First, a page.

IAADP
International Association of
Assistance Dog Partners


A SAMOYED HOLIDAY

by Joan Froling

It is highly unusual to be plagued with snow in Michigan before Thanksgiving. But a few nights ago, - lucky us - a snowstorm hit.

My Samoyeds were too excited to wait for me to wake up naturally, so they came bouncing into the bedroom at sunrise to roust me from my warm bed, their dark eyes shining with a queer maddened glee. One of them had the unmitigated gall to jump up on the bed without being formally invited. When I snarled at him to get off, he did not obey. He pranced around, rocking the mattress so I couldn't fall back asleep. He was very full of himself, as if he'd just won a million bucks and didn't need me to buy dog food anymore. The other one used guttural whines and yodeling to communicate his impatience, shoving his cold wet nose into my face and slurping me with his tongue. Yuck!

I grumpily decided one of them must be sick and desperate to get outside to go potty, so I'd better get up and let them out. The only other time they had interrupted my sleep, some months back, it was for that reason.

As my motorized chair turned the corner to enter the living room - the shortest route to the sliding glass door - my sleep blurred vision was startled by the red and yellow spots all over the light beige carpet. I fumbled for my glasses and put them on. Gasped. My retired service dog, Nikki and my new successor dog, Dakota, are normally very trustworthy while I'm sleeping. On the day of the first snowfall, however, these mature paragons of virtue joyfully celebrated the premature onset of winter by tossing out the rulebook. I couldn't believe my eyes. I couldn't believe their nerve! They had obviously raided my kitchen cupboard -- a cupboard door being no obstacle whatsoever to a service dog -- and stole two boxes of Vanilla Wafers. After feasting on the contents, they had gleefully shredded the bright red and yellow cardboard containers, strewing pieces all over the house. That was just the beginning of their crime spree, by the looks of it. They'd tipped over a wastebasket full of junk mail and played tug of war with its contents. It was soon obvious they'd gotten into the dog food too.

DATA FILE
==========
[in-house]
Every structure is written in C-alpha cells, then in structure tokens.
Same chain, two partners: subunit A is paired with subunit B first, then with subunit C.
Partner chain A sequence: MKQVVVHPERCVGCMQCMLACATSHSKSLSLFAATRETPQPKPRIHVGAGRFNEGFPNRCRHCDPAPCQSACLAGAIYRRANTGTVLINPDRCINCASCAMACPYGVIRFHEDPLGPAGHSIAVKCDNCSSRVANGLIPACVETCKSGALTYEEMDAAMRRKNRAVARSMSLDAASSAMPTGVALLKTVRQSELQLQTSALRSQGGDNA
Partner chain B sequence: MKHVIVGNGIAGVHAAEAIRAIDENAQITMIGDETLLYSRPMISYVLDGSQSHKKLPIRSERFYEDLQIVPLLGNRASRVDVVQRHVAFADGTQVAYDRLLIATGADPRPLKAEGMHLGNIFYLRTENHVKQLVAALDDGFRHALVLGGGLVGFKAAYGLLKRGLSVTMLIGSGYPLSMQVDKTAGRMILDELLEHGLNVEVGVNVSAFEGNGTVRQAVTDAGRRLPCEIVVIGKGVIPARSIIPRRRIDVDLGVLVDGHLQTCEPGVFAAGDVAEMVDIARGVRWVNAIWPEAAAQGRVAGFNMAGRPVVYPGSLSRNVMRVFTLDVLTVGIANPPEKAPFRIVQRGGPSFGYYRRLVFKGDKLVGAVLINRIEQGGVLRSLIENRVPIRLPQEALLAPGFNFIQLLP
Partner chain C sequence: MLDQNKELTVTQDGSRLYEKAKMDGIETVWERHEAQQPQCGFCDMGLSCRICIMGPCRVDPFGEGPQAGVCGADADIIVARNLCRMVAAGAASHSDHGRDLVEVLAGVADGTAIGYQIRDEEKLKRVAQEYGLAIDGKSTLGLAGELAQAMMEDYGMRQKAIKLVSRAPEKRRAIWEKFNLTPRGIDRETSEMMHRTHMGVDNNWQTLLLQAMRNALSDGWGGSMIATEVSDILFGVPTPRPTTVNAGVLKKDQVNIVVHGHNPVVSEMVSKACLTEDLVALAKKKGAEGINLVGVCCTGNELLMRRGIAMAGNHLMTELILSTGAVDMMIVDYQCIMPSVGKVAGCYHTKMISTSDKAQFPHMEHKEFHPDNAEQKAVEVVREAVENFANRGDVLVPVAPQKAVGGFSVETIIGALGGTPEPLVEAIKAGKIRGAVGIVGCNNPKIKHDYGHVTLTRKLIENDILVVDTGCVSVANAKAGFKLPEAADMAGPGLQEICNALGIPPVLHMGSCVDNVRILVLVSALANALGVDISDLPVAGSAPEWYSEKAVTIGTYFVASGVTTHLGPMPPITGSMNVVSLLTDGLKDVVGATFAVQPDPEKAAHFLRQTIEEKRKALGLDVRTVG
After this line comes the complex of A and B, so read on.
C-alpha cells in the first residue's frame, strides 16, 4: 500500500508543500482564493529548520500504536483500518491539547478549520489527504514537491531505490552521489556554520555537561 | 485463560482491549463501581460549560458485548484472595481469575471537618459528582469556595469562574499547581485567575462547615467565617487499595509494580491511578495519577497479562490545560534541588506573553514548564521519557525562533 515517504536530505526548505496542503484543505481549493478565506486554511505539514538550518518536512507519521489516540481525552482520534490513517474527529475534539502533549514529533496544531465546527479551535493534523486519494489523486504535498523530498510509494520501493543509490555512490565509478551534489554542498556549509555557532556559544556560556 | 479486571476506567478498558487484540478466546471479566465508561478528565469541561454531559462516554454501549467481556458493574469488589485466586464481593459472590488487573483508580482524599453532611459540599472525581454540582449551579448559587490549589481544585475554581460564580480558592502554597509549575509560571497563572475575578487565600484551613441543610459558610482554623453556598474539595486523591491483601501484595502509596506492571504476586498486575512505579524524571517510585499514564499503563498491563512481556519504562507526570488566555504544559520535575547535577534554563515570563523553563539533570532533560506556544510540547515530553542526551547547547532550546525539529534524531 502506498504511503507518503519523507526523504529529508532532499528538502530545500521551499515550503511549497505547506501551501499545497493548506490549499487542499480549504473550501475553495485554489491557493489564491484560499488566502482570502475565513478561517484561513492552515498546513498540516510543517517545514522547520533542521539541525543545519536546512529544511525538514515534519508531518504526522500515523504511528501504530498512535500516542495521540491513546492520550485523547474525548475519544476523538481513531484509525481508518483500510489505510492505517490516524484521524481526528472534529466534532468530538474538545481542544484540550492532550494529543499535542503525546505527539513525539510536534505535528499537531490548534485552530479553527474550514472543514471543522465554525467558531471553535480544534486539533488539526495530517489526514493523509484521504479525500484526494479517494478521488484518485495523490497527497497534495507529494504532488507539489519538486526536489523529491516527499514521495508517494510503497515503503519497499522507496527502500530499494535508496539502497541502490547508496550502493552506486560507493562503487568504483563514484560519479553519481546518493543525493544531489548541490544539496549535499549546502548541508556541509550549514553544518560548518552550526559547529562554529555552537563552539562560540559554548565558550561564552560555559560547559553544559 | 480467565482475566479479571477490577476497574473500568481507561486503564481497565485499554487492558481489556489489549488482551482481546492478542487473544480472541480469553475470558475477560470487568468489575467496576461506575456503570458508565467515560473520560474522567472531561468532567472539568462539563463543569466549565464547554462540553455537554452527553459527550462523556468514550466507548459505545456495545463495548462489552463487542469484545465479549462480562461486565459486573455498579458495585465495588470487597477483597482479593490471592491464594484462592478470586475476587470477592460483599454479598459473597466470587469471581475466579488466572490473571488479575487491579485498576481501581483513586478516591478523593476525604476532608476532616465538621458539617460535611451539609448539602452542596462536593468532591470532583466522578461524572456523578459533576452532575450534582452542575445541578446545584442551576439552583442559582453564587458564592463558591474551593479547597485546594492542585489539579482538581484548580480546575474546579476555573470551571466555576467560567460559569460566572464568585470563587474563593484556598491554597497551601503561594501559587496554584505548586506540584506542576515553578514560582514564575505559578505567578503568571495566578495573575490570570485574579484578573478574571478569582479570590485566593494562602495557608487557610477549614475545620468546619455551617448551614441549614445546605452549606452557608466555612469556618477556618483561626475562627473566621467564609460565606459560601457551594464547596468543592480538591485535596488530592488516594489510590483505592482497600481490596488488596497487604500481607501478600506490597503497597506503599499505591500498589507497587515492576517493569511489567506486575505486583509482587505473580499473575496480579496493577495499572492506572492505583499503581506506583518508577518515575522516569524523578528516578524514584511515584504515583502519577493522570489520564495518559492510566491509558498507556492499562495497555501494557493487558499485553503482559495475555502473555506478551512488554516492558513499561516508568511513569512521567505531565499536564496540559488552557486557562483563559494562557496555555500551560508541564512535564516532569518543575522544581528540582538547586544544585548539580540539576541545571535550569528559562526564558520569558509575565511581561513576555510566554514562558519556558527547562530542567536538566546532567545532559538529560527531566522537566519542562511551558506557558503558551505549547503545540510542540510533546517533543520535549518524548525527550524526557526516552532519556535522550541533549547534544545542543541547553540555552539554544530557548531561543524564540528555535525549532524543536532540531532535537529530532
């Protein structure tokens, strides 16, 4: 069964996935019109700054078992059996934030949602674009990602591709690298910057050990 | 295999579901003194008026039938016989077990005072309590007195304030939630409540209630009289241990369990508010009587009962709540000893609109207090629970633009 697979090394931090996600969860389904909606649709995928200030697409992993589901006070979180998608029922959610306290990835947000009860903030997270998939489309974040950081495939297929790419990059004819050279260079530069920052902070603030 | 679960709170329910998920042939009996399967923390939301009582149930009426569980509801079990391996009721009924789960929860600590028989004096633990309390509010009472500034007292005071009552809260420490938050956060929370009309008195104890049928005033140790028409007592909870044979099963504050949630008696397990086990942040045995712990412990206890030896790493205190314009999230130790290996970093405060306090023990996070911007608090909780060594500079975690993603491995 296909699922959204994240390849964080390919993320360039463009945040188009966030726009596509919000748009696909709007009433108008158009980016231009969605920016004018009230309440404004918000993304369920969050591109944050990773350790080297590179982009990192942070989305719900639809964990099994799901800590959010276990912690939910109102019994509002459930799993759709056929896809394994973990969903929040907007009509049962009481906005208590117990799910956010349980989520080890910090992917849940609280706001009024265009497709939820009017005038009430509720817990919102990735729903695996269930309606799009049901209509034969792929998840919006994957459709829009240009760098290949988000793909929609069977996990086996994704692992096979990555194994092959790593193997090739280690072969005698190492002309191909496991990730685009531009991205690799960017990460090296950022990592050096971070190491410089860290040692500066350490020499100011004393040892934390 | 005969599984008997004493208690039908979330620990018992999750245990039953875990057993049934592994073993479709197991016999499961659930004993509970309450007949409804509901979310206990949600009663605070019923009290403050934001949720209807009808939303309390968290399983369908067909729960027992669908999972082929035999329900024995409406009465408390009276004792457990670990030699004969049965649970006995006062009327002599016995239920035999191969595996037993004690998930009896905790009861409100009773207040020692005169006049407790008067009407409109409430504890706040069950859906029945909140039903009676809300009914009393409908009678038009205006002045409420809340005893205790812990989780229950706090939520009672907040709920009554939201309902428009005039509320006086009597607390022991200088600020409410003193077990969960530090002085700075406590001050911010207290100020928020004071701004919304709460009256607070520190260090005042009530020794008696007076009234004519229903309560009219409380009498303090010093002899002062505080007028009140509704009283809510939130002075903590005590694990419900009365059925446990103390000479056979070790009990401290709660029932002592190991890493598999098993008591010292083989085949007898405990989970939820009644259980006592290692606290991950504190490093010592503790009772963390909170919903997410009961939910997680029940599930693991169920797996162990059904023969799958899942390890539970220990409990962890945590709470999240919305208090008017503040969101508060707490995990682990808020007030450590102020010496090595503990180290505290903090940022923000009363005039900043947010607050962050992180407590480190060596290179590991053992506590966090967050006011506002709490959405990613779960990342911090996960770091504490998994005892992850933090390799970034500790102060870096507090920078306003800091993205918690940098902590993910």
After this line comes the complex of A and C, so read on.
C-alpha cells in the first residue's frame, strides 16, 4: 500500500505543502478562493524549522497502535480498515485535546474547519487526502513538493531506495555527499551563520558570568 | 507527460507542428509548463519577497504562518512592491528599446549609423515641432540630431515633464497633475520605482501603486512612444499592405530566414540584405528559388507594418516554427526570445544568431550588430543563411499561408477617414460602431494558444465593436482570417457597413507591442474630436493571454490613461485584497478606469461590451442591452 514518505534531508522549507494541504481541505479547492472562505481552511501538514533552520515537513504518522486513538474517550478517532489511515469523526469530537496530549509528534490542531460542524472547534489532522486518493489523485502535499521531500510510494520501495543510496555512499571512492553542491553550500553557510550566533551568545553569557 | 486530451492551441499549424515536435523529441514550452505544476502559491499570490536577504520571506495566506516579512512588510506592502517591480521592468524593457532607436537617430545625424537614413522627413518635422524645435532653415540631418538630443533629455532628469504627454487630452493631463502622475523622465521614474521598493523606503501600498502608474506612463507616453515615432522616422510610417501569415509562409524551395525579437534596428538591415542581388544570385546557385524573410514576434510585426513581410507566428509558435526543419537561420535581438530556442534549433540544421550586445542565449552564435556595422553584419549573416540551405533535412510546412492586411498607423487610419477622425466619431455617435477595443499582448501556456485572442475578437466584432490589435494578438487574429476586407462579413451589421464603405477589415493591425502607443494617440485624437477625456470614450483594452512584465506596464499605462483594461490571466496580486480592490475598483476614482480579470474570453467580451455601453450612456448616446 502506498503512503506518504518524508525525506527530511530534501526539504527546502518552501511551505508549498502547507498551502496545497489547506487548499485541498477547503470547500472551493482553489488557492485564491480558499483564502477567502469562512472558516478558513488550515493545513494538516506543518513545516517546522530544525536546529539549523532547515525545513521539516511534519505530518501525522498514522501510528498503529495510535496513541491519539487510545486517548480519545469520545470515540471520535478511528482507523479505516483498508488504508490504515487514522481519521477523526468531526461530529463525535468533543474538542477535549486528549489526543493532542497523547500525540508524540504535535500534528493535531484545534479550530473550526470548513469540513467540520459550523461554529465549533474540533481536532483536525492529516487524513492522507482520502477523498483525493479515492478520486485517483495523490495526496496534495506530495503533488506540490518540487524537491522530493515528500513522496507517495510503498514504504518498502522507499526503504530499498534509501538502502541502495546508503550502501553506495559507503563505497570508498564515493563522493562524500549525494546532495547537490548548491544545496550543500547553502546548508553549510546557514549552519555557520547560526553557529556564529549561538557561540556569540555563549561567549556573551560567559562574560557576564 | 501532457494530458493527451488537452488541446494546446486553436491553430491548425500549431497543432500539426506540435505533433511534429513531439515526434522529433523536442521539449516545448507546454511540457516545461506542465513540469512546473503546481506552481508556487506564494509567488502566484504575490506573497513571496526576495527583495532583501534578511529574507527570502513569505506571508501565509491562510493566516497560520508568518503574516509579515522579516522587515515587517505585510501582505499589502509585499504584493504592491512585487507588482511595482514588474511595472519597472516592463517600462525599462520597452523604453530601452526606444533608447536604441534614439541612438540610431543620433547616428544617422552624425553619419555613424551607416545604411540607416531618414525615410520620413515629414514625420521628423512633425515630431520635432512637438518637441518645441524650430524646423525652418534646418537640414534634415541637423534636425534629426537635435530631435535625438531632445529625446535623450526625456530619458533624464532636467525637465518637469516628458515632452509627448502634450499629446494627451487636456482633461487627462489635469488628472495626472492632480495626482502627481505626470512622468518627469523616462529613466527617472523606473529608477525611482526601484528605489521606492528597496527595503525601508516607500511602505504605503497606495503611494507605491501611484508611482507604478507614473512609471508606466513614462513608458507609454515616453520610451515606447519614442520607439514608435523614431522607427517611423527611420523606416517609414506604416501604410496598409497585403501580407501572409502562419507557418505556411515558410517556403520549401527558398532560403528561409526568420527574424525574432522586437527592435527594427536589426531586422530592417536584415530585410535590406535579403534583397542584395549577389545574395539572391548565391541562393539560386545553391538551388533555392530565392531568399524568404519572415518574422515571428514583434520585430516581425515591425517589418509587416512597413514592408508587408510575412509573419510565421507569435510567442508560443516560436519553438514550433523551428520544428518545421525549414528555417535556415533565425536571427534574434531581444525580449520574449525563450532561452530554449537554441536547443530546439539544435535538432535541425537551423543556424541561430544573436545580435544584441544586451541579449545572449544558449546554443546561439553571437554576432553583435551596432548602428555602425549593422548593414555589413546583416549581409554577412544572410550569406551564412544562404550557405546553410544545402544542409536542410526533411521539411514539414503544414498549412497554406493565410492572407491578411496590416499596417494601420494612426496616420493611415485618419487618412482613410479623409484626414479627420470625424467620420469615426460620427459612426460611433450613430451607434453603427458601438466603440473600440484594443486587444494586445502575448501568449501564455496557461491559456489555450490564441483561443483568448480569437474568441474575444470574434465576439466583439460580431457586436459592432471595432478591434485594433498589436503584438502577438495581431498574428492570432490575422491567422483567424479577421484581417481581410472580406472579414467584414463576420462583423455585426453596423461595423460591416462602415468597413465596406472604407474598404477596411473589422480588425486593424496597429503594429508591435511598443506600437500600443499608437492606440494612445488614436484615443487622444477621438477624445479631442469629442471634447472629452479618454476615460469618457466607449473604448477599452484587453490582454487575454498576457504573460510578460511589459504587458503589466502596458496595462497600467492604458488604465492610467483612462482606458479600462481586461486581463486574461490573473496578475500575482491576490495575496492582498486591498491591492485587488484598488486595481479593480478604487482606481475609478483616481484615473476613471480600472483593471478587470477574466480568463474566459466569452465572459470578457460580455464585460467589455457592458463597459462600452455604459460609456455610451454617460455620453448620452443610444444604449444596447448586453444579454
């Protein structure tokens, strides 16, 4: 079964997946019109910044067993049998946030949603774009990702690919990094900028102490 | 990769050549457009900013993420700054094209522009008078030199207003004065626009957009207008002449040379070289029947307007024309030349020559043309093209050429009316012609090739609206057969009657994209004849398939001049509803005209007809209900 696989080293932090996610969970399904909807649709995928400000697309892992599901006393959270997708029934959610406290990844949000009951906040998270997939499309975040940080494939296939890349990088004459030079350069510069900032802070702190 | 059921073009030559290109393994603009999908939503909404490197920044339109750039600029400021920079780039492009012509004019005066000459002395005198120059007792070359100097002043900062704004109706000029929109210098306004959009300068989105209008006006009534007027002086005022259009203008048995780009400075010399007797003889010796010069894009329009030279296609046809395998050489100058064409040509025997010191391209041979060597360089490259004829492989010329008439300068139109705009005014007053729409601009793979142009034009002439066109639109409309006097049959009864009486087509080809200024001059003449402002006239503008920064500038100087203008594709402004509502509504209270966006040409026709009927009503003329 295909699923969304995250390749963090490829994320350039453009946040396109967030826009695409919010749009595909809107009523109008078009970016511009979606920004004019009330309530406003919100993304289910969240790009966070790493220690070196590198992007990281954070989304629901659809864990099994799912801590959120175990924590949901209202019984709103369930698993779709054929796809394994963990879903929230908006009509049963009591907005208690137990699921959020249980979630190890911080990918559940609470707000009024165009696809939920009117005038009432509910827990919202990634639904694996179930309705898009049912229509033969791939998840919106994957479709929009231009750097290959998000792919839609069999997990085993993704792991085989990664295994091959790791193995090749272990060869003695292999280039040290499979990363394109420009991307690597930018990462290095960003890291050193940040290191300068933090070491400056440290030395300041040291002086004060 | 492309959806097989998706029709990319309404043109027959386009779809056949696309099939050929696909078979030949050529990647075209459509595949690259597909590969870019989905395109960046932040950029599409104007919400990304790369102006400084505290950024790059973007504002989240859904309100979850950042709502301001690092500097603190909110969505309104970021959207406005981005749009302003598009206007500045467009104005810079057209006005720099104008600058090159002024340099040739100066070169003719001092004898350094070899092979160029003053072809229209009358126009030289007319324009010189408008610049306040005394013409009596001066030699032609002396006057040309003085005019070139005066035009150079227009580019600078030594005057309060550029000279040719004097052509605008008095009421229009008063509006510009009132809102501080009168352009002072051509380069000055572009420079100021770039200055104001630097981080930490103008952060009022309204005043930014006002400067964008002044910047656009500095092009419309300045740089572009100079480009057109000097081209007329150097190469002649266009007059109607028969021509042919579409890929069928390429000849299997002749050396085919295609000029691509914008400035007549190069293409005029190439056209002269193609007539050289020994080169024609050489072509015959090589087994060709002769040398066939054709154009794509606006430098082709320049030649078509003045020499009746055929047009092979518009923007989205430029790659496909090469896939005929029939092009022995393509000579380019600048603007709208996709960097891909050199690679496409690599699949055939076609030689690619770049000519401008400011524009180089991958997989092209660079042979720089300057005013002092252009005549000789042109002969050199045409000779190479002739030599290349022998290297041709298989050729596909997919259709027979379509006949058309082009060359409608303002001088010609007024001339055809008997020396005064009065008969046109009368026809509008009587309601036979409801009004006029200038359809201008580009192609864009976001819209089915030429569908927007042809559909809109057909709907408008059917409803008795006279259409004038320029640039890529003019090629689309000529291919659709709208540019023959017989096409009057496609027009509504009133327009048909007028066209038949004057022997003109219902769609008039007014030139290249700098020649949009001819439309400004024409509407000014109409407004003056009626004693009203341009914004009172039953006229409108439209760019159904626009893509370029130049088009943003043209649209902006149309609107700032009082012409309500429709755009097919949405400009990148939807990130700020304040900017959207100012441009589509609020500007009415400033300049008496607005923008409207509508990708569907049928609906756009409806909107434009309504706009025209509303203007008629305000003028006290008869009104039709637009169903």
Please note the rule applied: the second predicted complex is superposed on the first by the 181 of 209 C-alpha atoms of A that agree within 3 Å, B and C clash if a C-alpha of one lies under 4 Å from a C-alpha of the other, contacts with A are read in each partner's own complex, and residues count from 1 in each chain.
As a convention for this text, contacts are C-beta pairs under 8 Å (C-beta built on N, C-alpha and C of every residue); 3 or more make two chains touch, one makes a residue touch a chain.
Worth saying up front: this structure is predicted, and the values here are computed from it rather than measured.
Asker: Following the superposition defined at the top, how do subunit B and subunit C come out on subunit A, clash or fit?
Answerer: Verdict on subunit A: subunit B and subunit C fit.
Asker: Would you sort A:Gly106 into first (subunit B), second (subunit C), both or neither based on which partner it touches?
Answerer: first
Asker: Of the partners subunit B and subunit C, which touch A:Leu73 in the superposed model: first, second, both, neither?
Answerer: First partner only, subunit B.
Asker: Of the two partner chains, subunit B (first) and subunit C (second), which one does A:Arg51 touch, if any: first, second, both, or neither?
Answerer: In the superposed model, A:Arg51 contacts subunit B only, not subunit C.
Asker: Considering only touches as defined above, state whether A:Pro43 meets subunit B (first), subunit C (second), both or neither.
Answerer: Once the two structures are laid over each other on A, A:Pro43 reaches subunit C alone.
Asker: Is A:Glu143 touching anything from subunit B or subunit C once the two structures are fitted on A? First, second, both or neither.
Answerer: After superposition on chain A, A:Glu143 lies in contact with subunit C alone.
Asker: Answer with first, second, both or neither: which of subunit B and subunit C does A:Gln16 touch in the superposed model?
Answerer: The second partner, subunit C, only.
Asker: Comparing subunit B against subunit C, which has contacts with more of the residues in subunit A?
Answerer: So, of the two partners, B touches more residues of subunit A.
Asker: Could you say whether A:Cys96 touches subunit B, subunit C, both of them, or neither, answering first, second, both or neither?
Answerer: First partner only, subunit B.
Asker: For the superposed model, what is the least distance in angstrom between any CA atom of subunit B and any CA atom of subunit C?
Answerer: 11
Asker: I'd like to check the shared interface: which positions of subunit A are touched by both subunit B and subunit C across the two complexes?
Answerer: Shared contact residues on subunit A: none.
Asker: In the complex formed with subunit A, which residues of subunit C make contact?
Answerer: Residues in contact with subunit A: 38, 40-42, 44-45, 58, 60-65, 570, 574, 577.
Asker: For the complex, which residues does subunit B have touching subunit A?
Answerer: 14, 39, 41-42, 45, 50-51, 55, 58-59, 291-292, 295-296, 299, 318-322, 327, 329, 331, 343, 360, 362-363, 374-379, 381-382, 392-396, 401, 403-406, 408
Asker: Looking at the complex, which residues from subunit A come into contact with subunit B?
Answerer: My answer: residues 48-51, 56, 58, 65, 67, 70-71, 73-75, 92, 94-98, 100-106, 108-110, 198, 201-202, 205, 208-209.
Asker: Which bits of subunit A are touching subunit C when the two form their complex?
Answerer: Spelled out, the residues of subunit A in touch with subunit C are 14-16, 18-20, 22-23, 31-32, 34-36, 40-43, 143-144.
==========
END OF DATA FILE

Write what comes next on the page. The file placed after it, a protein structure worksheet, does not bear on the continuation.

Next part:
Samoyeds never show the slightest sign of remorse, making one wonder if it is an exercise in futility to scold them. That particular morning they didn't even have the grace to pay attention as I waxed eloquent about the crimes they had committed. They flung themselves at the glass door with eager whines, then dashed back to me with impertinent demanding barks, ignoring my tirade. I didn't get it until I finally got so fed up, I decided it would be better if I banished them from the house before I lost my temper. I went to the sliding glass door, pulled back the heavy blinds and did a double take. Heavy snow, not merely flurries, had been dumped on the Detroit area overnight. Not a blade of grass was visible. The huge Arborvitaes that line the yard sagged under the weight of the white crystals amassed on their branches, very little green showing through. My spirits sagged too. I dread the onset of winter.

Nikki and Dakota sobbed in frustration, their dark eyes pleading with me to have mercy.

"You want to go Outside?" I asked.

They groaned in agony.

"Are you sure you want to go Outside?"